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MI Lawmakers To Make "Freedom of Information" A Priority in 2019

Michigan Capitol
File Photo

The state Legislature could tackle a topic this term that it couldn’t get past the Senate before. Some lawmakers – including new leaders - are making transparency a priority.

Last term, the state House unanimously voted to open the governor’s office and the Legislature up to freedom of information requests. But they ran into a major obstacle in the Senate.

This year, incoming Speaker of the House, Lee Chatfield, says the issue is still a priority.

“We need to ensure that the people we serve have access to what we’re doing here in our state," said Speaker Chatfield. "So I look forward to building that relationship and having that conversation and ensuring that we can get something done.”

And he might have an interested ear in the new Senate leadership.

Republican Senator Mike Shirkey is cautious about the changes – though not opposed to transparency. He says the devil is in the details.

"Because of technology and because of the way we communicate, differentiating between personal emails, and business emails, and legislative emails and text messages for that matter – those are the kinds of things we have to be very careful about," said Sen. Shirkey.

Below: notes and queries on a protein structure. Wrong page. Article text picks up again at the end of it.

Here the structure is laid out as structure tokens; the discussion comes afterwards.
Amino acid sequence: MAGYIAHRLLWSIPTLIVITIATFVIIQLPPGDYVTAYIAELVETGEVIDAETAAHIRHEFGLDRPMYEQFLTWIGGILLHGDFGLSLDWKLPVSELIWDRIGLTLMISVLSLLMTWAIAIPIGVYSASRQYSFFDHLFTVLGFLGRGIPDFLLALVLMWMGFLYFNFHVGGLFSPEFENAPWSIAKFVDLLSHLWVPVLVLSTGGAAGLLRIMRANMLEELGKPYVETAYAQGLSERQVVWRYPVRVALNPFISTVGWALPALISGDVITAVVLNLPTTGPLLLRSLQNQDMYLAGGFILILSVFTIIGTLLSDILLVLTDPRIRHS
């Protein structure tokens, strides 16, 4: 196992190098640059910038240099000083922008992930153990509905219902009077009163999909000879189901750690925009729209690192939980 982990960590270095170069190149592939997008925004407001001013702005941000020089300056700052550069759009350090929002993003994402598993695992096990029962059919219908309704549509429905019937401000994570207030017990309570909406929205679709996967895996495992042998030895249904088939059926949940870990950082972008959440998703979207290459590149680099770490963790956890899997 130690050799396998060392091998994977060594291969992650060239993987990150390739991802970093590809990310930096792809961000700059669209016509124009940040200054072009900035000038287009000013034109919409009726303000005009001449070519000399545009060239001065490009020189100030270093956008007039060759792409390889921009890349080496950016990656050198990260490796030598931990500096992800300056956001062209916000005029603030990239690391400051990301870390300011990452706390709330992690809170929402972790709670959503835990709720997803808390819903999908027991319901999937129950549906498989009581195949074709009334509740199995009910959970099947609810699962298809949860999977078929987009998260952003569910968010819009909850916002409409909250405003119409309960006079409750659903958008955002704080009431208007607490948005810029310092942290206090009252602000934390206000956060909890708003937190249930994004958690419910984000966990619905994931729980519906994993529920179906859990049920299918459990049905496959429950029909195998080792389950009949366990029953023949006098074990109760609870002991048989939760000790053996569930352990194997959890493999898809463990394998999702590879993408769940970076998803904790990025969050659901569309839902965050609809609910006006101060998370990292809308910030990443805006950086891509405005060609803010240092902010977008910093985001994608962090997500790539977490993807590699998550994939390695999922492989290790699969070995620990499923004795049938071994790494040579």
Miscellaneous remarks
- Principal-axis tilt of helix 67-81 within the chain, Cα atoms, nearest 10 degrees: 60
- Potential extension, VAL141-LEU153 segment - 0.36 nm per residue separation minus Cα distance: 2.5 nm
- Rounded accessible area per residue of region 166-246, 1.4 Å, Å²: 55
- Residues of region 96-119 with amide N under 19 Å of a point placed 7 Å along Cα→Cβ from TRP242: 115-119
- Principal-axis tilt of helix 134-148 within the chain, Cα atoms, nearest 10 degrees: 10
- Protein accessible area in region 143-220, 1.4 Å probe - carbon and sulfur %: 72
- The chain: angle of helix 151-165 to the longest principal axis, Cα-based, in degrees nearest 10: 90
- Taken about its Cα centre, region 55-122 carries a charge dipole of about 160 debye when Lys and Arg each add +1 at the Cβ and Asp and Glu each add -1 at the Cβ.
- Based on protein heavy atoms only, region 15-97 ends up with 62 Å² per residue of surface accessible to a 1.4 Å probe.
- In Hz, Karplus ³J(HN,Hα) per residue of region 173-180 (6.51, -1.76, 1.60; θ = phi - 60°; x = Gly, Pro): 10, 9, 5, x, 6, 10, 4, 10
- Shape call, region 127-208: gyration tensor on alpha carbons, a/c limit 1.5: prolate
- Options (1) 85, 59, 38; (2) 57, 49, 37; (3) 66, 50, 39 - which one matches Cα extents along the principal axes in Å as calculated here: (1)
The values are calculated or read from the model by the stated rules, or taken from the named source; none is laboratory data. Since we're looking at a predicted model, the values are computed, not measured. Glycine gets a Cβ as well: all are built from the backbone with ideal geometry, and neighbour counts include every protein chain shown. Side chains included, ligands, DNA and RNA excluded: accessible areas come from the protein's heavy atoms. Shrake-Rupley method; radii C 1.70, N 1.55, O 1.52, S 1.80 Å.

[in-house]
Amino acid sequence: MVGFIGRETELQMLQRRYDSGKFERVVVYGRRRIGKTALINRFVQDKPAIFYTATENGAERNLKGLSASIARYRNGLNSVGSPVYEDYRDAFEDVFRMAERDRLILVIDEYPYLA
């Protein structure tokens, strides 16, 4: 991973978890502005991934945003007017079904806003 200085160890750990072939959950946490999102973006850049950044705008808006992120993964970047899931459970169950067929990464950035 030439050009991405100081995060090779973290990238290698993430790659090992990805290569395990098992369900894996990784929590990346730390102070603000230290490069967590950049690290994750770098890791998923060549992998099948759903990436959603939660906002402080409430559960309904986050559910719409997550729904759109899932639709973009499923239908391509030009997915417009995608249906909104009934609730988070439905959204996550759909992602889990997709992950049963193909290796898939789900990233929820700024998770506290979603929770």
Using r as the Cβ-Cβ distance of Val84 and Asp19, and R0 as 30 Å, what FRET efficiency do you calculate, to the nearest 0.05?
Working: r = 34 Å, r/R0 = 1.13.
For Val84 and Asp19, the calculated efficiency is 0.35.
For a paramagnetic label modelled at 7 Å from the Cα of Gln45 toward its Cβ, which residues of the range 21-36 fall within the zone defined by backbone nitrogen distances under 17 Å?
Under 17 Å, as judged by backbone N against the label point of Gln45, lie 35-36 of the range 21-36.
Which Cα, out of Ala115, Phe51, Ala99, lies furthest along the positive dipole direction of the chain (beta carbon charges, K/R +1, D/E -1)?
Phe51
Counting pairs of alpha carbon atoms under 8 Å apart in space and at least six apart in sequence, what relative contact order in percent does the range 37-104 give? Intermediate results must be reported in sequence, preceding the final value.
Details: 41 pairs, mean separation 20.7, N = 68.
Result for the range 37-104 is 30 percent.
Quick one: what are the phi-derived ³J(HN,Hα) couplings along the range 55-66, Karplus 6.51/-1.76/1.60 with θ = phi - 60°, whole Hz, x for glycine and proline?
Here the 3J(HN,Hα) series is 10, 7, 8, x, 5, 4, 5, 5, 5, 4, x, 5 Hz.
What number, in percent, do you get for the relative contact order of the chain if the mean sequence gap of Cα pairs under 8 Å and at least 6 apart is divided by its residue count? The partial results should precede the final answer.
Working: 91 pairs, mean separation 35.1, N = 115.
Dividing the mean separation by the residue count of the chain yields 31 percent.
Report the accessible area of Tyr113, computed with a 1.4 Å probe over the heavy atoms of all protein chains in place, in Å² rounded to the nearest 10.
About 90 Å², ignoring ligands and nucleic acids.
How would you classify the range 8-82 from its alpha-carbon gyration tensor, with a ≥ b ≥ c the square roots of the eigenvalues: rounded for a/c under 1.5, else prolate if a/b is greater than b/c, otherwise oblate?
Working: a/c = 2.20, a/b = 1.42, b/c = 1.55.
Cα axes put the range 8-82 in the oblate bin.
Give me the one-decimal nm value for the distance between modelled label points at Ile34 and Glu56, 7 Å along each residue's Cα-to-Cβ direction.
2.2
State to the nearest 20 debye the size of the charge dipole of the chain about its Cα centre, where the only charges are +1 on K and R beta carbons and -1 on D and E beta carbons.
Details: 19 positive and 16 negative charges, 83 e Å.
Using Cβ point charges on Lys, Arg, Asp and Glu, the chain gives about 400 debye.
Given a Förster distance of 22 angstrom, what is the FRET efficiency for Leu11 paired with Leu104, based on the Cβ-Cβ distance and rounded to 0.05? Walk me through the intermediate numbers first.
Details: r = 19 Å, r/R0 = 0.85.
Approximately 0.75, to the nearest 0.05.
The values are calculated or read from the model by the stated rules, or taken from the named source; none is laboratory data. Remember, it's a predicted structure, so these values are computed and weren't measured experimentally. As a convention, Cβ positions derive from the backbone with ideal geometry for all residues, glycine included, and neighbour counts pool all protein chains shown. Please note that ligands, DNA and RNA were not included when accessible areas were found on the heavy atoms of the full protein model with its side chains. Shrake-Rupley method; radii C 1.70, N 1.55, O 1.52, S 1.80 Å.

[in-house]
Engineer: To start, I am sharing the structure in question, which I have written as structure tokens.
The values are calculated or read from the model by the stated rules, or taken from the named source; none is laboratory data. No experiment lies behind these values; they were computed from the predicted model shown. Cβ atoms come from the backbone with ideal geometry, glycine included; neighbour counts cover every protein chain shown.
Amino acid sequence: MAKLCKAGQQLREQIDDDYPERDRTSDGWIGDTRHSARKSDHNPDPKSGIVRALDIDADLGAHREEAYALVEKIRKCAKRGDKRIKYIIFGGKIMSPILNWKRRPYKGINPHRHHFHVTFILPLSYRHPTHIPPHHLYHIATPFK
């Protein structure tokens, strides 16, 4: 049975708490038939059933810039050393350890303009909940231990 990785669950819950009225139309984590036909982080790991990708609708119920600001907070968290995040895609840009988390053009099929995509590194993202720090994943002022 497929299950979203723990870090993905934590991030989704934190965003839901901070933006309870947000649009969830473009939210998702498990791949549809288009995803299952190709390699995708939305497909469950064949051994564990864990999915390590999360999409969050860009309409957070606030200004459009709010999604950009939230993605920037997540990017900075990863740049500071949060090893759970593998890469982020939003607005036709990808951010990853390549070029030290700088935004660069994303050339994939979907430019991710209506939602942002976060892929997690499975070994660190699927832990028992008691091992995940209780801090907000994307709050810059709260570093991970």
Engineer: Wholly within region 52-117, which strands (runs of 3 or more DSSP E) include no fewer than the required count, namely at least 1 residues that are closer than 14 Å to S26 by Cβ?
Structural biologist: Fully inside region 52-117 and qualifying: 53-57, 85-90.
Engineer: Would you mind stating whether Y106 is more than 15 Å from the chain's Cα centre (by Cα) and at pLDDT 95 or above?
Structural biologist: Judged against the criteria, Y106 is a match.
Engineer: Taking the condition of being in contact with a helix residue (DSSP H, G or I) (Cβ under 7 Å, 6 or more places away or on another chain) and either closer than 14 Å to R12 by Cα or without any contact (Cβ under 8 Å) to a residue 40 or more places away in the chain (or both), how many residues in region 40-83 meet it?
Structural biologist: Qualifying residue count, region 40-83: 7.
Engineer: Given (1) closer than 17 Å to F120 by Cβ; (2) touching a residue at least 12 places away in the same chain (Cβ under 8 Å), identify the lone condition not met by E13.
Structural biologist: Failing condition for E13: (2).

Incoming Democratic Senator Jeremy Moss was a Representative last term.

“We need transparency advocates on the other end of the Capitol building, so we can finally get it done," said Sen.-elect Moss. "That we can stop consistently ranking last of all states in ethics and transparency and we can actually better serve the constituents.”

Sen. Shirkey says he’s concerned about potentially revealing people’s personal information.

Before becoming the newest Capitol reporter for Michigan Public Radio Network, Cheyna Roth was an attorney. She spent her days fighting it out in court as an assistant prosecuting attorney for Ionia County.
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